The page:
The Ravalli County Museum is launching a new exhibition, “The People of Fire and Ice: Human Habitation in the Greater Yellowstone Area,” on Thursday, August 20, at 6 p.m. with an opening reception.
The humanities exhibition was organized and brought to the museum by the Washakie Museum & Cultural Center in Worland, Wyoming. It is a traveling exhibit that traces the history of humans in the Yellowstone region from 11,000 years ago to 1920, via 40 photographs, 40 text panels, audio and more.
Fran Scranton, a longtime member of the Washakie Museum, helped to develop the archaeology section of the display, and will introduce the exhibit at the opening reception. The Ravalli County Museum has increased the length of the timeline of the exhibit up to 2013 by including photos of the Yellowstone area taken by Ernst Peterson.
Executive director Tamar Stanley said the exhibit describes the glacial age, anthropology, history, and archaeology of the ice-age era.
“It is connected with Yellowstone which is our backyard,” said Stanley. “I know people have a real connection with Glacial Lake Missoula and geology of the valley and learning about that and the landscape in which they live – it makes it feel more real to them.
“This really hits the natural history tier of our focus, and we feel this will have the same impact that our natural history exhibit last year did. Every year we do one natural history, one art, and one history – a three-tiered focus.
“Having a new exhibit up here every 90 days really allows the people to shift gears. We just finished with SpectrUM and had a great turnout – there were over 4,000 kids here.”
Before Yellowstone was established as a national park, the region was inhabited by humans and used for its resources.
The “People of Fire and Ice” exhibition explores six humanities themes: History, Archaeology, Anthropology, Art History, Folklore and Jurisprudence.
Throughout the duration of the exhibit, the Ravalli County Museum also will present “A Season of Adventures: Hands-on Children’s Activities” every Saturday morning, 10 a.m. to noon.
The schedule is:
August 22 – Rock Art – Children will create works of art like the ancient nomadic tribal people. August 29 – Digging History – Experience archeological discovery using warm water to dig “artifacts” out of ice. Sept. 5 – Mentos Geysers – Children experience the thrill of creating a geyser with soda and Mentos. Sept. 12 – Pemmican – Make a delicious snack from meat, fruits and nuts using a mortar and pestle. Sept. 19 – Ice Volcanoes – Children make their own erupting volcano with baking soda, water, vinegar and food coloring. Sept. 26 – Prehistoric Clothing – Explore clothing of stone age people. Discover what people wore before there were clothing stores. Oct. 3 – Ancient Tools – Make bows, arrows, spears and paintbrushes out of recyclable materials. Oct. 10 – Stone Age Jewelry – Adorn yourself with jewelry you make from “stone age” materials. Oct. 17 – Layers of Sediment – Learn how different layers of dirt tell how the age of an object. Explore how archeologists date artifacts. Oct. 24 – Story Time Around the Camp Fire – Come sit around the campfire and listen to Fire and Ice folktales. Oct. 31 – Cave Painting – Learn how ancient people used drawing to tell stories and tell your story with your own artistic creation.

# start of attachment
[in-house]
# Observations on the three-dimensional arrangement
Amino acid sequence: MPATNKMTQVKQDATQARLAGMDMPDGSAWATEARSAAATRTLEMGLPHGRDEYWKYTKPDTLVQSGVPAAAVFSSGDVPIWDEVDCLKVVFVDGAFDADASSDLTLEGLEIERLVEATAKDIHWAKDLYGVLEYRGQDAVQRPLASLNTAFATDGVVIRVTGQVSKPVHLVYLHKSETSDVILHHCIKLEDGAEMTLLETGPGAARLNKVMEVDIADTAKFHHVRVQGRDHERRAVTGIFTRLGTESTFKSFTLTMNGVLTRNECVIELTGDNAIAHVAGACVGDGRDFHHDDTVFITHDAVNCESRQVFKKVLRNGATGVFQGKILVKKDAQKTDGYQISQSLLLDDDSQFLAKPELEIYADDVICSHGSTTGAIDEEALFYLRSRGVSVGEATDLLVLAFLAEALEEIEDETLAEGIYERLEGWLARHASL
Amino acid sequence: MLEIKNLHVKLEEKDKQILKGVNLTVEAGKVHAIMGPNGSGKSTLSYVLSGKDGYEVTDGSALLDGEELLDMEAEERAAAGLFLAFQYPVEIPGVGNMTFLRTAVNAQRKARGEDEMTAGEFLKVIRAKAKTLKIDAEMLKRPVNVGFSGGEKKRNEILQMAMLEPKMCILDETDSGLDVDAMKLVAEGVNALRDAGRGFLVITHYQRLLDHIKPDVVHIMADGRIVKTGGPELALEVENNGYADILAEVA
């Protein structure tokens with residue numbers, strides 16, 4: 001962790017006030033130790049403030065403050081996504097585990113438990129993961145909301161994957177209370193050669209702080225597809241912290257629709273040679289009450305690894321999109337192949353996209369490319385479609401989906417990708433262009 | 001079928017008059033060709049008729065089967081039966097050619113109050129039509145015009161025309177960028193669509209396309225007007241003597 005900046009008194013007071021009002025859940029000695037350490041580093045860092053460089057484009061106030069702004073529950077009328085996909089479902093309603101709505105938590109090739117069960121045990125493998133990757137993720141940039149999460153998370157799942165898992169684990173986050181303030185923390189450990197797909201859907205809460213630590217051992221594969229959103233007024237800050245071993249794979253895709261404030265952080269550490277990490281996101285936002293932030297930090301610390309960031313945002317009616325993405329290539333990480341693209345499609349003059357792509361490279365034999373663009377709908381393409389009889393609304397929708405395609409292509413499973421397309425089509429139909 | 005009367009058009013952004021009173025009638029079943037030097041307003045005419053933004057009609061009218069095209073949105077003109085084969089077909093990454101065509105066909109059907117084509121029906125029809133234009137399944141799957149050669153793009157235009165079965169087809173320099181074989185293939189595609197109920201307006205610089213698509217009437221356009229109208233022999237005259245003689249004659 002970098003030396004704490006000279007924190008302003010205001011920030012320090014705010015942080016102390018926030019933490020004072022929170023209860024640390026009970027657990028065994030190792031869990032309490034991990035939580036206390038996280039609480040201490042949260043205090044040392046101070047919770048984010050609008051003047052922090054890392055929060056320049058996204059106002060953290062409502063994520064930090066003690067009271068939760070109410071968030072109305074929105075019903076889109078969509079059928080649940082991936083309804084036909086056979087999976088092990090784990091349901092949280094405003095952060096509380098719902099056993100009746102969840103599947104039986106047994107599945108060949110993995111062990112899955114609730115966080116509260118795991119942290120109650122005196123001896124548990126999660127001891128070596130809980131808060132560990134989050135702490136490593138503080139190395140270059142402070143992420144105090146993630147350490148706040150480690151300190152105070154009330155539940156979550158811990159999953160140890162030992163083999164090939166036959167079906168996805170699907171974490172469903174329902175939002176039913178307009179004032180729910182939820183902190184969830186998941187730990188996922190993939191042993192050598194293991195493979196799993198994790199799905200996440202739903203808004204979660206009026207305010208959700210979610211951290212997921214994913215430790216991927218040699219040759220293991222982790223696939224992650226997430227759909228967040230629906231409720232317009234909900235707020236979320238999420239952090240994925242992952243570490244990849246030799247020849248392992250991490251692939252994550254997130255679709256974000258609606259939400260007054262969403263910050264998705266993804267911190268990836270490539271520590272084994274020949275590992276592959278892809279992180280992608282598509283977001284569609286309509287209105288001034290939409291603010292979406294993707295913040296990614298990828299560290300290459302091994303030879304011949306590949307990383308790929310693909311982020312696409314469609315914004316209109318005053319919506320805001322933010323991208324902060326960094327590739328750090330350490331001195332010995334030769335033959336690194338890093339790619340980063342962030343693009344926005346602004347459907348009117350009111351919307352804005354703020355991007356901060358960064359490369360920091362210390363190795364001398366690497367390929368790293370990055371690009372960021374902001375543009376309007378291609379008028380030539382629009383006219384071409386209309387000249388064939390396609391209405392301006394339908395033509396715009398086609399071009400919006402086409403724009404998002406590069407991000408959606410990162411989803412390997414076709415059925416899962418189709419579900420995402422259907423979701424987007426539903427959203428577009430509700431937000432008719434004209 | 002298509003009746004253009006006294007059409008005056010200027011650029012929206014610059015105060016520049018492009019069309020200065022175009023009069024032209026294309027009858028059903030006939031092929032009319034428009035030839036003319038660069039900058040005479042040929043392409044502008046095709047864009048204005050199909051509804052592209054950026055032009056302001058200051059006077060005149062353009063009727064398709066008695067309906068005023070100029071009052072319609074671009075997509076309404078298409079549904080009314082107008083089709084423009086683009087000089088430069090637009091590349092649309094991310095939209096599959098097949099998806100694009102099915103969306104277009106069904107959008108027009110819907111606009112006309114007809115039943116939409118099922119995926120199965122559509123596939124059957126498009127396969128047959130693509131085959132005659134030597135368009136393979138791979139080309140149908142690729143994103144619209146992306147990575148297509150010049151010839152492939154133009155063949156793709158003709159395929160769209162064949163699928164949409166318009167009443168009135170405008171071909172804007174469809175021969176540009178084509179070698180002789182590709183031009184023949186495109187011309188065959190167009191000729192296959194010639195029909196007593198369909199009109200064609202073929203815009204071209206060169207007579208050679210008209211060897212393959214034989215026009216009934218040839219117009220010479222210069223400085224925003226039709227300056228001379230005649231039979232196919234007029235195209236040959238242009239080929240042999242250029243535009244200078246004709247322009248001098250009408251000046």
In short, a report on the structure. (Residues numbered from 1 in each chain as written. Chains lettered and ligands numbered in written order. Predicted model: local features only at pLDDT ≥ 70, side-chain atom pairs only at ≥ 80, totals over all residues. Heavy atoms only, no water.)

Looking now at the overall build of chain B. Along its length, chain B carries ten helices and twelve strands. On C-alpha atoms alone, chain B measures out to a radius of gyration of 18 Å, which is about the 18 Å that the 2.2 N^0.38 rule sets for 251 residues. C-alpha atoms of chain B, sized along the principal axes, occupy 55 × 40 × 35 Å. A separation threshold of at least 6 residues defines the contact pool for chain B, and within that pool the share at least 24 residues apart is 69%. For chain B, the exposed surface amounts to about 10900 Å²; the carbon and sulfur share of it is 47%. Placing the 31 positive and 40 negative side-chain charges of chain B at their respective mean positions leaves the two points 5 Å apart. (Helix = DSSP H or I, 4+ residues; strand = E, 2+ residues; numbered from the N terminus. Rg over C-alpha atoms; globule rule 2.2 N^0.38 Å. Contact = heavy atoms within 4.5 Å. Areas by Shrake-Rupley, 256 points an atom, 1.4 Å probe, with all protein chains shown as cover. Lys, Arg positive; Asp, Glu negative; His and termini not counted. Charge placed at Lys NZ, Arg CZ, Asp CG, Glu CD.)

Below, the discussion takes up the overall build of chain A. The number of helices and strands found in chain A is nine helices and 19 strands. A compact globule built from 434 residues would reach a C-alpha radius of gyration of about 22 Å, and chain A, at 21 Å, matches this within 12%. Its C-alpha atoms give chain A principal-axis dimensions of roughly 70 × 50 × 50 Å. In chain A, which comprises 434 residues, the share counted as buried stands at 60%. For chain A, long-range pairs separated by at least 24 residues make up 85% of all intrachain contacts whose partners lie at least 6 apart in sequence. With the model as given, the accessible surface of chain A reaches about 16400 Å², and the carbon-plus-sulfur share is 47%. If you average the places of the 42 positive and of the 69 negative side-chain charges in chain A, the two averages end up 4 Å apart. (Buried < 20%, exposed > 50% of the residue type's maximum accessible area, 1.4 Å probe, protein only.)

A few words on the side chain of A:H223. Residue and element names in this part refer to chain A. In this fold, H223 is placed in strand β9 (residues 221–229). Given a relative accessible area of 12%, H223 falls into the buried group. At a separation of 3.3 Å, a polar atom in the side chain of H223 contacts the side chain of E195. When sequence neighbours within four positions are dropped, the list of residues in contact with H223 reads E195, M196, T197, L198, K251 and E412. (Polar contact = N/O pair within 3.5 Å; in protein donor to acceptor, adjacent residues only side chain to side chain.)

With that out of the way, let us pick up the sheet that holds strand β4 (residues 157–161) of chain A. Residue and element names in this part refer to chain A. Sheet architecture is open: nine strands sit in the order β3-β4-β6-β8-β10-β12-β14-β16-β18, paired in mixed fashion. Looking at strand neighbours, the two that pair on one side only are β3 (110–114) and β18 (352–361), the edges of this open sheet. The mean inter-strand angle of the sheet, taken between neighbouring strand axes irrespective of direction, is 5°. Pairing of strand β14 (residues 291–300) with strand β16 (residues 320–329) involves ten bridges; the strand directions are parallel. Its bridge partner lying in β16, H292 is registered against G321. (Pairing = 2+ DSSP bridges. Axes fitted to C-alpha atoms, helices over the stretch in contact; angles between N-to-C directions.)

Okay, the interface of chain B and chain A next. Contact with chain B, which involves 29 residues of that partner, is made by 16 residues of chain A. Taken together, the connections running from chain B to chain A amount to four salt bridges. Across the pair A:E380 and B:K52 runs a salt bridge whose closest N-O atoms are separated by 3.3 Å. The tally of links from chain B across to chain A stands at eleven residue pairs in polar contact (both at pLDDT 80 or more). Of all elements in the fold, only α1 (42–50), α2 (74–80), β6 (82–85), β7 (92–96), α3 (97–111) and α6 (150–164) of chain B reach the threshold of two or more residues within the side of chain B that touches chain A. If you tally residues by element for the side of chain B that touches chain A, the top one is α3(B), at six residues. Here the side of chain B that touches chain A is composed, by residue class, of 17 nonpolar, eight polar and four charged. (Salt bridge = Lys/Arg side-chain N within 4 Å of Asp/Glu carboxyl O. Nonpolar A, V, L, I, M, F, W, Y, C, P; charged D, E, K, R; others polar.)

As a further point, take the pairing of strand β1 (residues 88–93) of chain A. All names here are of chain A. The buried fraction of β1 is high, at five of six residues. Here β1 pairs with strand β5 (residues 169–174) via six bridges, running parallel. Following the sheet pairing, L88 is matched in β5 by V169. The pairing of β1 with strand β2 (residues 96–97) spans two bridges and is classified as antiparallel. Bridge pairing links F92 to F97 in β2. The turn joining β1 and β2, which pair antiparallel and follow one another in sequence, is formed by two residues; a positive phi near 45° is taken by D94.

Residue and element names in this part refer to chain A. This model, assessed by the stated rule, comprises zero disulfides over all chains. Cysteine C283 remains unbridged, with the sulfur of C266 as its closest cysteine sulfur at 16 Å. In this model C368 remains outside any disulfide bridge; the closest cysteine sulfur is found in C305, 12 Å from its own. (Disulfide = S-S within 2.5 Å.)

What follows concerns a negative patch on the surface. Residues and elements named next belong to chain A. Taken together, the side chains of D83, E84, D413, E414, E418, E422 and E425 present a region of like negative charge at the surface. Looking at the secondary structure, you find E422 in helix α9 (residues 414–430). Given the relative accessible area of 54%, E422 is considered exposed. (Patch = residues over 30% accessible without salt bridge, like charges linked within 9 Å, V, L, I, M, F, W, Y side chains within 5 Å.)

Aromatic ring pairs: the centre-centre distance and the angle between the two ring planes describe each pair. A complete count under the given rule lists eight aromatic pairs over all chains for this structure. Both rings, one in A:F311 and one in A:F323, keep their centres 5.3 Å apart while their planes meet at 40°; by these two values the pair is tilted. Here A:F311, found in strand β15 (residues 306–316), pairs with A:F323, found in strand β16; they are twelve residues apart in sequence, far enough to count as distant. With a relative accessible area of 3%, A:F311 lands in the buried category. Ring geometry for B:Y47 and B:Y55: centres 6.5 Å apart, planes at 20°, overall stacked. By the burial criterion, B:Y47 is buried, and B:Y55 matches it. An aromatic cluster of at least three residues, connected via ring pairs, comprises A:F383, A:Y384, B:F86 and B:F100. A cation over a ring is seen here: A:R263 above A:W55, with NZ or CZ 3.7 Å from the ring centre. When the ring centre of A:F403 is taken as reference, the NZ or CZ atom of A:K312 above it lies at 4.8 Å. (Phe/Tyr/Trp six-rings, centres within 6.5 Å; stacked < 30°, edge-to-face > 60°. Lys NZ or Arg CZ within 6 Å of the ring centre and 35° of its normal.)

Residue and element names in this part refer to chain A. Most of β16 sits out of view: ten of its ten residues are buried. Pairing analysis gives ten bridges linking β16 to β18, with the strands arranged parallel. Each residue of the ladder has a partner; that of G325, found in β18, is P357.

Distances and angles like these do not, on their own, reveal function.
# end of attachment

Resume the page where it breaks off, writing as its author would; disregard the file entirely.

“The kids’ activities will be linked to each of the disciplines that are presented in the exhibit,” said Stanley. “It’s the same formula that works for us. We hope to see a lot of families and a lot of kids that come to have a memorable morning at the museum and then head off to their day.”
The museum will also host two lectures each month for adults, on select Thursdays at 6 p.m.
“We have a variety of speakers – one will be on Glacial Lake Missoula,” Stanley said.
The museum is also trying technology with this exhibit. There are hand set recordings for patrons to use that tell about the displays they are viewing.
“We want to see if people respond well – there is more technology available if our patrons like it,” she said.
“We always layer on things from our collections – that is really important to us. We feel that shows the community that what is housed in the community is usable and accessible. We brought out the best photos by Ernst Peterson in his Yellowstone collection. This year the Ravalli County Museum had an intern through the Montana State Historical Records Advisory Board (SHRAB) and intern Mary Wise found these images.”
“These are iconic Yellowstone images by Ernst Peterson,” said Wise. “Peterson was a commercial photographer in the 1950s and from these images you can see he has a unique compositional style. I think he conforms to, but breaks significantly from, the genre of American Western photography. Peterson was an active photographer in the ’20s and ’30s from the Bitterroot Valley, he also has amazing photos from the 1939-1940 World’s Fair, I mean, he was developing his style. We found images of his college days, early backpacking, and they show his evolution as a photographer. He had a fantastic sense of humor – and a quirky style.”
Additionally, there are smaller exhibits around the courtroom that tie in – like one family’s story about their time in Yellowstone Park.
The Ravalli County Museum’s exhibition – “The People of Fire and Ice: Human Habitation in the Greater Yellowstone Area” will be available August 20 – Nov. 5. A full list of children’s activities is available on the museum’s website at ravallimuseum.org. Fire and Ice tours can be scheduled by calling Museum Educator Rachael Woods at (406)363-3338 or email her at firstname.lastname@example.org.